Spiking Insect Vision
This work is carried out in collaboration with Martin Egelhaaf and Olivier Bertrand, Department of Neurobiology, Bielefeld University .
Motion cues are crucial for flying insect to navigate through their environment without colliding with obstacles in close proximity . During constant translational ego-motion the apparent motion on the retina, or so-called optic flow, scales with the distance. Hence, it can be used to extract a collision-free path .
On the other hand optic flow can be used by robotic agents to interact with the world. This project aims to translate the principle motion estimation in insects onto state-of-the-art neuromorphic VLSI chips, processing events provided by a neuromorphic vision sensor (Dynamic Vision Sensor ).
The classical model of motion estimation in insects is based on the correlation-type Elementary Motion Detector , which correlates pixel intensities of two adjacent pixels, where one pixel value is passed through a temporal low-pass filter. In contrast, the DVS only emits binary events (On-/Off-event) in the presence of a relative temporal contrast change. To be able to extract relative motion from the stream of events, which is inherently asynchronous, in wide dynamic range of velocities we developed the spiking Elementary Motion Detector (sEMD). The sEMD is characterize by (I) direction selective response and (II) non-linear multiplicative scaling of its input based on the interspike interval of two adjacent pixels of the DVS. Thus, temporal coincidence of two incoming events is expressed in the neuron's instantaneous firing frequency.
After successful verification in software simulation, we used the sEMD circuit in a large-scale open-loop simulation to predict a collision free steering direction for a robotic agent [5, 6] and later abstracted the principal further to implemented 8 sEMD neurons on a neuromorphic testchip. Since excitatory synapses emit an Excitatory Post Synaptic Current (EPSC), we can exploit the temporal decay of the EPSC to scale the gain of a second synapse. In other words, the gain will be maximal if two events occur at the same time point and zero if the time between the two spikes is longer than the synaptic time constant. This mechanism directly establishs the aforementioned direction selectivity and the multiplicative scaling. The adaptive gain mechanism scales the temporal extend of a burst, as well as the total number spikes within a burst of activity according to the interspike interval.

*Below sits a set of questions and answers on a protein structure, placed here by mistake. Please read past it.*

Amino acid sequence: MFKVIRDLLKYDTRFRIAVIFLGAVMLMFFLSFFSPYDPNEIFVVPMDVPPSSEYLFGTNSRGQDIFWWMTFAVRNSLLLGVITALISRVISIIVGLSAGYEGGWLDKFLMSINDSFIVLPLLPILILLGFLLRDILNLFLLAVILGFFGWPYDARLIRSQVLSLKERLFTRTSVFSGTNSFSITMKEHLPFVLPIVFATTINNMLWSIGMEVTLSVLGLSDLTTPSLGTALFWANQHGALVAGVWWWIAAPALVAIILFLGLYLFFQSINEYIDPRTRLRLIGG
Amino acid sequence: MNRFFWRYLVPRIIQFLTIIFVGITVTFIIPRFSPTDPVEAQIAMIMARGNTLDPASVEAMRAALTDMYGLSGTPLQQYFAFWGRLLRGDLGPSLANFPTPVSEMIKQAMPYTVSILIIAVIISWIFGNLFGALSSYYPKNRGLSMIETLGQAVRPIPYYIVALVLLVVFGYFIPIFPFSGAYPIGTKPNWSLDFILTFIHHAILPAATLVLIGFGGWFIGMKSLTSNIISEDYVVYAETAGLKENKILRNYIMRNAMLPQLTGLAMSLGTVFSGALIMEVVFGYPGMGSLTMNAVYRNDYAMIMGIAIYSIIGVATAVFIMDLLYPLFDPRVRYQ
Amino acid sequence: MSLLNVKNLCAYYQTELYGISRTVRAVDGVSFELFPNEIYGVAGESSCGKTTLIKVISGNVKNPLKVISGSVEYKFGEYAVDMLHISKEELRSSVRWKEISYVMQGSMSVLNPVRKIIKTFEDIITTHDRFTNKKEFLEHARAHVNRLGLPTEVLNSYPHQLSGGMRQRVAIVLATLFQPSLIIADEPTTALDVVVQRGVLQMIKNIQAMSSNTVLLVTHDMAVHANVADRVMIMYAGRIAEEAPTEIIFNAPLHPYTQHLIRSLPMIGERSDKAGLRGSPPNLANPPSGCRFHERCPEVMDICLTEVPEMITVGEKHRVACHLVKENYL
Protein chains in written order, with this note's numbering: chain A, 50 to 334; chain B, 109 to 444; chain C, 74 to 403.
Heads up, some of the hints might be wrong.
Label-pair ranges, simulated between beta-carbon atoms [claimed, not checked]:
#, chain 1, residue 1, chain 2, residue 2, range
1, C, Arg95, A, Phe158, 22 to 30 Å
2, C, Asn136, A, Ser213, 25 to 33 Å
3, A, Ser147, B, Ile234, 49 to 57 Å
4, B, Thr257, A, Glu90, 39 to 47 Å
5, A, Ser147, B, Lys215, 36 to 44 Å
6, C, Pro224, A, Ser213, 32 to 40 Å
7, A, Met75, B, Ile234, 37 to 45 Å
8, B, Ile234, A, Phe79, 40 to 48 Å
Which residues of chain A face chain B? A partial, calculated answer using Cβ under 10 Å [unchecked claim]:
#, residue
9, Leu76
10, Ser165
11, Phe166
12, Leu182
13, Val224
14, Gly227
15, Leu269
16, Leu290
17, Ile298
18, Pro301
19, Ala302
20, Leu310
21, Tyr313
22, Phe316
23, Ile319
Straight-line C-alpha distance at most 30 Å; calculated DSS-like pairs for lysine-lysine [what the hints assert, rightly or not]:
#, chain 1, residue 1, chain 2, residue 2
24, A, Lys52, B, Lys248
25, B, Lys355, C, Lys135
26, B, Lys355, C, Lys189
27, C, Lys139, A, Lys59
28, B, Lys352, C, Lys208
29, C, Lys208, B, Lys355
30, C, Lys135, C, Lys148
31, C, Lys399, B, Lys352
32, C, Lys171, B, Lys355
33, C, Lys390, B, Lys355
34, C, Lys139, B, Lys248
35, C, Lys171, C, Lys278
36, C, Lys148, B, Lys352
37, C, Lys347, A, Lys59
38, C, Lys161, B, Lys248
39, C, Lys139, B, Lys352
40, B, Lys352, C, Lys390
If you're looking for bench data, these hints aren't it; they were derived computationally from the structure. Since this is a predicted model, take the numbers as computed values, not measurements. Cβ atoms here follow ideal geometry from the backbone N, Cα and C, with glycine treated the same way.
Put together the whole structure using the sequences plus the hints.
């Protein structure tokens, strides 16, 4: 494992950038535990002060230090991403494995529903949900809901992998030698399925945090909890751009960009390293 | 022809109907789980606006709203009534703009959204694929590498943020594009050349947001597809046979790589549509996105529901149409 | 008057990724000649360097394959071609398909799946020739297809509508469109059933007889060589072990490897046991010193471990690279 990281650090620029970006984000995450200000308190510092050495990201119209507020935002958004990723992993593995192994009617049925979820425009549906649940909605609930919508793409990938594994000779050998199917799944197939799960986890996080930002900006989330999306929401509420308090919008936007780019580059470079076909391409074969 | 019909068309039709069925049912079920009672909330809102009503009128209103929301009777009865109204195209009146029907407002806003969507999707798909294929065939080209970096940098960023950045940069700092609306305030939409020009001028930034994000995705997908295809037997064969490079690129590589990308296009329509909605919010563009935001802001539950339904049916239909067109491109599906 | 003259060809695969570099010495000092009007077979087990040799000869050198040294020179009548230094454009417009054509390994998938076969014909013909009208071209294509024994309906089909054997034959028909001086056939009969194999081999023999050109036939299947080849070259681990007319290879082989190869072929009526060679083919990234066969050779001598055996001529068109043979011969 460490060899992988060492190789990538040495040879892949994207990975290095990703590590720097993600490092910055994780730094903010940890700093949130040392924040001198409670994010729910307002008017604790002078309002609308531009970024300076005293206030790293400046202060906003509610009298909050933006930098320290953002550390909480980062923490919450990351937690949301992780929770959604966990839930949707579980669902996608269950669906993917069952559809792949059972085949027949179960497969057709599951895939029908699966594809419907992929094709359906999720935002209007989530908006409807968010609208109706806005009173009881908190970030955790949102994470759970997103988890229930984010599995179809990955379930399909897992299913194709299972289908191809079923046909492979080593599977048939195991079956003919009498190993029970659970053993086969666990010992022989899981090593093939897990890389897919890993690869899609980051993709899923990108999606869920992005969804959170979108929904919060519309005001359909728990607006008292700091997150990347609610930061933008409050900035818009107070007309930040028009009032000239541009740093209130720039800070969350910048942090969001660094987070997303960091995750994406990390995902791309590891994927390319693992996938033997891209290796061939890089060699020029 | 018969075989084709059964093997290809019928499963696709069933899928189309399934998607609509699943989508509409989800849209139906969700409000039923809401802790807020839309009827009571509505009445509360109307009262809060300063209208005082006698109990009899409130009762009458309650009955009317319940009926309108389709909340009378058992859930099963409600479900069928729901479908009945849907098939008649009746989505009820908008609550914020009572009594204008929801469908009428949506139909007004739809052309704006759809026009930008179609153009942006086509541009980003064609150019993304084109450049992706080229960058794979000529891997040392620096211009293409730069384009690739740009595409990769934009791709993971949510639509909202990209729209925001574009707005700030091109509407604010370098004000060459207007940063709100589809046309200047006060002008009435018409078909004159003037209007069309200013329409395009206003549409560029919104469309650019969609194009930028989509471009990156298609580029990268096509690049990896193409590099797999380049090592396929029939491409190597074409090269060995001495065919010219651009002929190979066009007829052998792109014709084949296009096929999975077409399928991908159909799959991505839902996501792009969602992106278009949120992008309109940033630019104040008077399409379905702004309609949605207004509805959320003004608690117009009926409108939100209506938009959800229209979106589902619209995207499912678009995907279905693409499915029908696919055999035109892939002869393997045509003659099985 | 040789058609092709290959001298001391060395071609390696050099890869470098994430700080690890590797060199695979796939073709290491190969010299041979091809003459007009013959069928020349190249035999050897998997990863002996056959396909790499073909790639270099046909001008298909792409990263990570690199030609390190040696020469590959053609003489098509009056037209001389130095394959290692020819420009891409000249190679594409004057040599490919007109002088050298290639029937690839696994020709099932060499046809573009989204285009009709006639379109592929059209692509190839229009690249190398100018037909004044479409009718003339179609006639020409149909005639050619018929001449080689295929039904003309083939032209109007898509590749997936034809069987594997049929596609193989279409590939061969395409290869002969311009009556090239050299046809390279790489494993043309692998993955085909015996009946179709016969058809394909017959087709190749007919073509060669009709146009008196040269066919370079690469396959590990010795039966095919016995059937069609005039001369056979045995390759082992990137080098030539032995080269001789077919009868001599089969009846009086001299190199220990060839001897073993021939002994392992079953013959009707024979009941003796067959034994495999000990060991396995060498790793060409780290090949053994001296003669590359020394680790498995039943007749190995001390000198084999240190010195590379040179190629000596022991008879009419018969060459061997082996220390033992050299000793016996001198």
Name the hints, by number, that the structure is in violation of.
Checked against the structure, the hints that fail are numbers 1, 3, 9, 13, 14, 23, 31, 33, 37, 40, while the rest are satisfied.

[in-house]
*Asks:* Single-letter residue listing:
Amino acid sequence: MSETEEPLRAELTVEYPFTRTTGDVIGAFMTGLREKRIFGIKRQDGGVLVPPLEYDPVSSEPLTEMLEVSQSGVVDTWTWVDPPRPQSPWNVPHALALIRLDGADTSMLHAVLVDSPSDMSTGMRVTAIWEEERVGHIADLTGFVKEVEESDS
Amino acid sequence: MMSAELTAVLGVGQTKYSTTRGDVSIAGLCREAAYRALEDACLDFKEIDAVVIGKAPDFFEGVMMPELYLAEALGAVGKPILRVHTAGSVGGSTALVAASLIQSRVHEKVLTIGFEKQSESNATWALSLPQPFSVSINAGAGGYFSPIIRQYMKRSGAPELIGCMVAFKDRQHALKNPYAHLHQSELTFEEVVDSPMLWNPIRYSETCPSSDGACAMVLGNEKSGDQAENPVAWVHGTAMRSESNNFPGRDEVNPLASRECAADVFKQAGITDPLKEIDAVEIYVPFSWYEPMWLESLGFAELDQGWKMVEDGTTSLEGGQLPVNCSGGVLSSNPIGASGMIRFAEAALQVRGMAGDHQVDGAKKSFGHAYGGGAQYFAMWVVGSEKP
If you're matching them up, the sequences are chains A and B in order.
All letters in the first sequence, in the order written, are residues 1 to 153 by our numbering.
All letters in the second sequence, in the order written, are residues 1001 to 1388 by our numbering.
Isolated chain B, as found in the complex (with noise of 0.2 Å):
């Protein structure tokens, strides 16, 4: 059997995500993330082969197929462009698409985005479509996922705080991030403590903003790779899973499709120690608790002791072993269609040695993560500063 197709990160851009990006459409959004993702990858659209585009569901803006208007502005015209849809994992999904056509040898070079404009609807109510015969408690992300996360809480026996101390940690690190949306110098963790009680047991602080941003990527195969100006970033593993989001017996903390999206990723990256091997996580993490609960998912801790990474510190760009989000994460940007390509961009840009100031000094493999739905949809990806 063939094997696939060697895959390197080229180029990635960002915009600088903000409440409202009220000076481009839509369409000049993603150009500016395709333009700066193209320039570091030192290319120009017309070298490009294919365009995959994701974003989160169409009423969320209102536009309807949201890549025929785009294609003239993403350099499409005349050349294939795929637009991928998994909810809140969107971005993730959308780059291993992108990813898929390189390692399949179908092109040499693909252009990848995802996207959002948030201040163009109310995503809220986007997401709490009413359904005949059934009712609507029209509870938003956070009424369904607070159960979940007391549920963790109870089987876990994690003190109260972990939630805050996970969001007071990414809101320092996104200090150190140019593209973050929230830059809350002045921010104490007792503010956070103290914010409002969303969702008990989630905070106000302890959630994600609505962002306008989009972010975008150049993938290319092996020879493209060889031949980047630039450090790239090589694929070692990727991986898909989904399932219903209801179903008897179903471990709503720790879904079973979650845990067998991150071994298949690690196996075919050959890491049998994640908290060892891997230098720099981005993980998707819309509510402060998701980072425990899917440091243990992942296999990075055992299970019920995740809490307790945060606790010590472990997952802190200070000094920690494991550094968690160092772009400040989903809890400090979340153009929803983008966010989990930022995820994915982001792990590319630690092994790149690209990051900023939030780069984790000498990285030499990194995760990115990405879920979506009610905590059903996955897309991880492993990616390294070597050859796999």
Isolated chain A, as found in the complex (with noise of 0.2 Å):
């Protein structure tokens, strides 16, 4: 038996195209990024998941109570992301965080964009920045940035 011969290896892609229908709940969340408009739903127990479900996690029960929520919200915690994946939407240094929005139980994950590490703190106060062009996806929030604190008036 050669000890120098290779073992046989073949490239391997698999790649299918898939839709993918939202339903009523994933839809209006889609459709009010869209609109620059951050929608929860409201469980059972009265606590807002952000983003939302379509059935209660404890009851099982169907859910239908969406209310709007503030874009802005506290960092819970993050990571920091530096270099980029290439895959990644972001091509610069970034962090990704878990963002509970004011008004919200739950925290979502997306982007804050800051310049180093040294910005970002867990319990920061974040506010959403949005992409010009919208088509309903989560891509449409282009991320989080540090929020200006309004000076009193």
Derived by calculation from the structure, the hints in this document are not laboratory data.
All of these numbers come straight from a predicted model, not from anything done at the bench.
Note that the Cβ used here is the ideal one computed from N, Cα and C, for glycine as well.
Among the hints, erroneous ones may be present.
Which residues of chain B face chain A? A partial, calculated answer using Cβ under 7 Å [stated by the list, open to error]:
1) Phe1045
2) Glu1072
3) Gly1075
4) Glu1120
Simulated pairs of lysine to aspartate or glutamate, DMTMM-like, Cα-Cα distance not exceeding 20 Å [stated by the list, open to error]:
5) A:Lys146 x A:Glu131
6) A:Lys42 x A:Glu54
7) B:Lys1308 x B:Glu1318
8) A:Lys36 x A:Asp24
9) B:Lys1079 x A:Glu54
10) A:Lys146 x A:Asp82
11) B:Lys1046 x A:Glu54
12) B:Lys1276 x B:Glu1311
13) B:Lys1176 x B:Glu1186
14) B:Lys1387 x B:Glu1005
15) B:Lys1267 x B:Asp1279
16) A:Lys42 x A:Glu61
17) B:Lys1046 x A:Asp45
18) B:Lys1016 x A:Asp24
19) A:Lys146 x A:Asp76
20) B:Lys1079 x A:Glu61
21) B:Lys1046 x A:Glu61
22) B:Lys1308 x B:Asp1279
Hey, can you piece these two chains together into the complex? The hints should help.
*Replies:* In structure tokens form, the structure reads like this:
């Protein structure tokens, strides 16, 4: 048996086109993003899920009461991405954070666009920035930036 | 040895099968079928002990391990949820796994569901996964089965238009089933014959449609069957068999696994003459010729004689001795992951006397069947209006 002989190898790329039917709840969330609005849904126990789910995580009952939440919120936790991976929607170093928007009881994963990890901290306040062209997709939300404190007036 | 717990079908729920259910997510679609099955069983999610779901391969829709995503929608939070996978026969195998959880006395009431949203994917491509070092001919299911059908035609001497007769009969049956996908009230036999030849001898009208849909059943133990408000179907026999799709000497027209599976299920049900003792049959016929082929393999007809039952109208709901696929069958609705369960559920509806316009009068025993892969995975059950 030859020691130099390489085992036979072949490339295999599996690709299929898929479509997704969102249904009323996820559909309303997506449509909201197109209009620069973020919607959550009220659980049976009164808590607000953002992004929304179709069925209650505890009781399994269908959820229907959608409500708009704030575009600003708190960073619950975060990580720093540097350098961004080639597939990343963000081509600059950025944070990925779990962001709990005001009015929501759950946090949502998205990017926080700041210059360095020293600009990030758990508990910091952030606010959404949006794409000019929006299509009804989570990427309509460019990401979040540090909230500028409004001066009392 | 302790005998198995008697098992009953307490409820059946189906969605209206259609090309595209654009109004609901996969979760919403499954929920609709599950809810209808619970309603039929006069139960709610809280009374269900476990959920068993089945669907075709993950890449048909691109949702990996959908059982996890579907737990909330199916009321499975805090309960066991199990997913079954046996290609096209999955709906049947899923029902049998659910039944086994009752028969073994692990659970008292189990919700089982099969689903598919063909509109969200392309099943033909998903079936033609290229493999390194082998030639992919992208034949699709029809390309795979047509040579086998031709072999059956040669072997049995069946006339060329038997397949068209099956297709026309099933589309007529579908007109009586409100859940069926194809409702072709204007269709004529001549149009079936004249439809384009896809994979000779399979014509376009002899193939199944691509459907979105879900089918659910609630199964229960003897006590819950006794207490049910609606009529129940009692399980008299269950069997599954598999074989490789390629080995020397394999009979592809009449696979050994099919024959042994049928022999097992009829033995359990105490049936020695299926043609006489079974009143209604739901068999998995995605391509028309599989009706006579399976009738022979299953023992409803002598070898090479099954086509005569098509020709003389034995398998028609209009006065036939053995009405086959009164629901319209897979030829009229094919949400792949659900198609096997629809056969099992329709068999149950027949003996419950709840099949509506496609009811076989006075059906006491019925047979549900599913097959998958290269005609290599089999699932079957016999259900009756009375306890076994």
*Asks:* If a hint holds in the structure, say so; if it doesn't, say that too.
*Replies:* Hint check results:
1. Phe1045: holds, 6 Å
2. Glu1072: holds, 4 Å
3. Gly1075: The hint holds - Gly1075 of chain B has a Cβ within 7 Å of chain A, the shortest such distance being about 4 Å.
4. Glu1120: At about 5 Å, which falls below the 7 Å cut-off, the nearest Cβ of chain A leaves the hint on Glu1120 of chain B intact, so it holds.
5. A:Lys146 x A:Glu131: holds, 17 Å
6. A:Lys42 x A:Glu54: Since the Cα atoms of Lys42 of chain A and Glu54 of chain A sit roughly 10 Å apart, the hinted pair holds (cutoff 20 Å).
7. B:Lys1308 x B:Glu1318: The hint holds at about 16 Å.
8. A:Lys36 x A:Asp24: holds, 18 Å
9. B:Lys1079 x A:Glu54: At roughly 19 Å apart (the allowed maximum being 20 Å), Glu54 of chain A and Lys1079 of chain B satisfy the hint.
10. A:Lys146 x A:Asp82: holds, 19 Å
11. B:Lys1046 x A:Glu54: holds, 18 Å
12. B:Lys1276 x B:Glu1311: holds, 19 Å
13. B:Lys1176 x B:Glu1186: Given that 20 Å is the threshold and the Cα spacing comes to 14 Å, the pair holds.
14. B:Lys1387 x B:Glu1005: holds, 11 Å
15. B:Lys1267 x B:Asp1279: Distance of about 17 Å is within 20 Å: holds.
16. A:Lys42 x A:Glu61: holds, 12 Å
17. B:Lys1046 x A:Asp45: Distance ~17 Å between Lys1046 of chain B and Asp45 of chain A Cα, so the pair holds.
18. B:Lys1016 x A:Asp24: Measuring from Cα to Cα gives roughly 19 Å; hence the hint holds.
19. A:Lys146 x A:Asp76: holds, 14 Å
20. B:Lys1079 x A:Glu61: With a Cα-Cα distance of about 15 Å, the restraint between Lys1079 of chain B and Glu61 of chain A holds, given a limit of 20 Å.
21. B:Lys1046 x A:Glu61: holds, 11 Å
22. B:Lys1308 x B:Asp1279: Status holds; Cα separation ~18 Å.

This event-based optic flow extraction can be used to avoid collisions, but also has the potential to be used as source for extraction navigation information, e.g. homing direction.
 Egelhaaf, Martin, Roland Kern, and Jens Peter Lindemann. "Motion as a source of environmental information: a fresh view on biological motion computation by insect brains." (2014).
 Bertrand, Olivier JN, Jens P. Lindemann, and Martin Egelhaaf. "A bio-inspired collision avoidance model based on spatial information derived from motion detectors leads to common routes." PLoS Comput Biol 11.11 (2015): e1004339.
 Lichtsteiner, Patrick, Christoph Posch, and Tobi Delbruck. "A 128x128 120 dB 15us Latency Asynchronous Temporal Contrast Vision Sensor." IEEE journal of solid-state circuits 43.2 (2008): 566-576.
 Hassenstein, Bernhard, and Werner Reichardt. "Systemtheoretische Analyse der Zeit-, Reihenfolgen- und Vorzeichenauswertung bei der Bewegungsperzeption des Rüsselkäfers Chlorophanus." Zeitschrift für Naturforschung B 11.9-10 (1956): 513-524.
 Milde, Moritz B., et al. "Bioinspired event-driven collision avoidance algorithm based on optic flow." Event-based Control, Communication, and Signal Processing (EBCCSP), 2015 International Conference on. IEEE, 2015.
 Milde, Moritz B.. “Biomimetic asynchronous event-driven collision avoidance spiking neural network based on optic flow,” M.S. thesis, Faculty of Biology, Neurobiology, Bielefeld Univ., Bielefeld, Germany, 2015.
|Last modified:||19 September 2020 5.32 p.m.|